How I Navigated Life as a First-Generation College Student
As a first-generation student, hundreds of miles from home, José struggled to find his place in school. He spent his first semester soaking in all the first-year experiences he could — and lost himself to a crowd and habits that left him burnt out. Here’s how he found his way back to himself.
I am a proud first-generation, low-income Latino college student. I have made friends from places my family has only ever read about and experienced a culture comparatively bizarre to theirs. What they consider foreign is familiar to me. But one common perspective uniting our worlds is the abundance of opportunity in the US.
This manifested itself in the success my family has achieved here and my potential of attaining a higher level of it, as the only one born and raised in the States. My parents have stressed this to me from a young age and through their continued support, I had the chance of a lifetime — to attend college through scholarships and government aid without the burden of having to worry of applying for residence or DACA. It was an opportunity I could not waste.
I took that to heart during my college applications. I was unsure of my future, but I had received offers from a variety of great schools. Admittedly, what managed to catch my eye was the financial aid package the University of Notre Dame sent in. It was better than any other I ended up receiving, and on a whim, I opened my acceptance letter and immediately committed to the school. At the time, the only thing on my mind was getting to the next stage and doing so in a manner that wouldn’t burden my family. I learned very quickly just how unprepared I was for what lay ahead.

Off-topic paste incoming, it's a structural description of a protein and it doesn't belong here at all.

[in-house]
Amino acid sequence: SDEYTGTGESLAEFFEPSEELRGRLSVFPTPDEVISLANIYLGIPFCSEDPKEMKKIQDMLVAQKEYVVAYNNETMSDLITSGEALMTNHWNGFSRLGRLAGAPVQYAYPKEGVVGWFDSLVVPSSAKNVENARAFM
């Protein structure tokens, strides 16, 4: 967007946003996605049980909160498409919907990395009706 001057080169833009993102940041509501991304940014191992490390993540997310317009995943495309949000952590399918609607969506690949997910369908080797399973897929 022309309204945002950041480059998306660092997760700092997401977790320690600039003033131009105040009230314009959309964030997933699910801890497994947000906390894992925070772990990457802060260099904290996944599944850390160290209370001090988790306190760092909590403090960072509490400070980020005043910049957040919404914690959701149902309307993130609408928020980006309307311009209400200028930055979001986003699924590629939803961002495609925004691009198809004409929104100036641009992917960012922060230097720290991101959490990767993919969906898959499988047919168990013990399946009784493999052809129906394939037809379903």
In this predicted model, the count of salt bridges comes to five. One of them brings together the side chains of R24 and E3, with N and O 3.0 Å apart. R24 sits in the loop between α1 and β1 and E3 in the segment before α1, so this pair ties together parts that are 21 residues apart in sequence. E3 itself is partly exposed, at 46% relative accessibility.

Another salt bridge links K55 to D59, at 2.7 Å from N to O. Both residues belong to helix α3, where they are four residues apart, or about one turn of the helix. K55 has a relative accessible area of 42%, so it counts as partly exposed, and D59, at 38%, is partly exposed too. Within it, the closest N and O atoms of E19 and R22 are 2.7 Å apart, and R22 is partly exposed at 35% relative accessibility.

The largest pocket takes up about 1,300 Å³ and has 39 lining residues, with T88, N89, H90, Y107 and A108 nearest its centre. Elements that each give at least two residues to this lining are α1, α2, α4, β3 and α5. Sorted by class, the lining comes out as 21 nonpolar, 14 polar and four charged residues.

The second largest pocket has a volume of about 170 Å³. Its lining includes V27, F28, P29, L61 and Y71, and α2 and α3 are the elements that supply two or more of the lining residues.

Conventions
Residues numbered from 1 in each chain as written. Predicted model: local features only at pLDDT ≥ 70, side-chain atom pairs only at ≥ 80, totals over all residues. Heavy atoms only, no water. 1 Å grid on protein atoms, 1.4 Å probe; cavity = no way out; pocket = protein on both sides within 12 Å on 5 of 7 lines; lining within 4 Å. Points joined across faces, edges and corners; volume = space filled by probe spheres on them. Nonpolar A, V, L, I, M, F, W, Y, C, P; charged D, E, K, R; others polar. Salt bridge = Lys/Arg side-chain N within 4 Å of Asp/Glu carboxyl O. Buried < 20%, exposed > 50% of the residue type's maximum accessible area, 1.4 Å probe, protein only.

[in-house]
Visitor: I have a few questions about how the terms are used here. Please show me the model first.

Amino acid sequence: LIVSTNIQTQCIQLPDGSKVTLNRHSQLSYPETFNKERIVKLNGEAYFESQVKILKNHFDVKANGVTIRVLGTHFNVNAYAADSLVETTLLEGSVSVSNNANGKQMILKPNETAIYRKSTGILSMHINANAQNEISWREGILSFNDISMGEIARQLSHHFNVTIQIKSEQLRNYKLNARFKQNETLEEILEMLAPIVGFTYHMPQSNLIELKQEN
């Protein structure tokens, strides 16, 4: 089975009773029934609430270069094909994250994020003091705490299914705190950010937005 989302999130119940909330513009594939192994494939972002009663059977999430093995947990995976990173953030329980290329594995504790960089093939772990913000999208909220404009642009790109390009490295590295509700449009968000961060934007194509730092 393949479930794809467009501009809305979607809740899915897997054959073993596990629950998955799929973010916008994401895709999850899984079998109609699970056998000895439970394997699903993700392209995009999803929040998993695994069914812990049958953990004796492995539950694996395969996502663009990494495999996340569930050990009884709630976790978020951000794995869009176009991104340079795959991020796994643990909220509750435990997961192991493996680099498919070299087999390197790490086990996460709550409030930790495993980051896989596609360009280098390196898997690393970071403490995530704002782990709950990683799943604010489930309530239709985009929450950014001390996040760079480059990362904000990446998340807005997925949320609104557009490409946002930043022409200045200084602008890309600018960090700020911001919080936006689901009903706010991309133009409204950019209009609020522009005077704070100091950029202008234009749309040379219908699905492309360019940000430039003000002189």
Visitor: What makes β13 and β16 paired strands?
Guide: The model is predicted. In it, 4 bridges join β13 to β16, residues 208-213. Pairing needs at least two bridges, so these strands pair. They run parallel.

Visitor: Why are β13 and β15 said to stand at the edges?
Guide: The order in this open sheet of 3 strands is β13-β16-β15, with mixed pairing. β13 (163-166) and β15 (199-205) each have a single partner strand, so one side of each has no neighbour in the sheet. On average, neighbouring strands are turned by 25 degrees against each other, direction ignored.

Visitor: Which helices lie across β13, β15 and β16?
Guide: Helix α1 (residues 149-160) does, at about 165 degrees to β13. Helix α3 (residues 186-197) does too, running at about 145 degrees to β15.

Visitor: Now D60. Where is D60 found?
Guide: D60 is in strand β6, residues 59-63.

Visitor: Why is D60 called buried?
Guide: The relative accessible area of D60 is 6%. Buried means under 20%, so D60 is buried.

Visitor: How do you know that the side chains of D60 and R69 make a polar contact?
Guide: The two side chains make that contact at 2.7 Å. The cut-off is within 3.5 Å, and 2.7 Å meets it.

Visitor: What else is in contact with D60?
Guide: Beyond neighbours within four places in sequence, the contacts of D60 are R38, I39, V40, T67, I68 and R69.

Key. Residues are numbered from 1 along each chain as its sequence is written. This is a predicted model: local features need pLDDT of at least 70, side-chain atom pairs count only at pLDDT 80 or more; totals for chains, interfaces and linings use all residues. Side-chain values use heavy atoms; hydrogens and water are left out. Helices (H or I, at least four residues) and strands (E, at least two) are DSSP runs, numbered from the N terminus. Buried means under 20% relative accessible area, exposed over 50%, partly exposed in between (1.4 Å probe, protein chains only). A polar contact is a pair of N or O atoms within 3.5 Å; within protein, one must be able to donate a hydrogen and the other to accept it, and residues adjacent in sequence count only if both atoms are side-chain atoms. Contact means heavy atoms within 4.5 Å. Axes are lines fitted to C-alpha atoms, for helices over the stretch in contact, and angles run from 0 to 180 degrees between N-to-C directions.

The proceeding summer was a blur, and before I knew it, we were getting ready to drive from Dallas to South Bend, a 16-hour journey. I remember loading up the car. The dry Texas heat peered through the summer night and wrapped me in one last wave of familiar comfort. I had just finished packing up my life, and somehow, the entirety of it fit into the trunk of my Camry. A subliminal sense of anxiety rushed through my body as a wave of questions flooded my mind.
Did I pack enough? What if I’m forgetting something? Where can I buy it? I wonder what my room will look like. Is my phone charged? I wonder what my roommate is like — will we be friends? What about my friends, will they forget about me? No, they wouldn’t. Will they miss me? I hope.
The drive was long and the anxious thoughts racing through my mind never left, but upon entering South Bend, I was greeted by the now-familiar sight of the Golden Dome. I was overcome with a sense of awe. The reality that I was stepping onto one of the most beautiful campuses in America struck me. In that moment of arrival, my anxiety turned to excitement and my nervous worries into hopeful curiosities.
Bright-eyed and eager to fit in, I was very social during the welcome weekend, something atypical of me. While I was making more connections in a day than I usually would in a year, my priorities faltered; I was dead-set on having all the fun a first-year college experience had to offer instead of navigating campus life and settling into my studies. I lost sight of my genuine nature and was trying to live out a vision of college that was not true to myself or the goals I most valued.
I started going to what seemed like an endless string of parties — hazy nights and vague memories of conversations with hundreds of new faces, the majority of which I would never really see again. In such a short amount of time, I found I was burning myself out.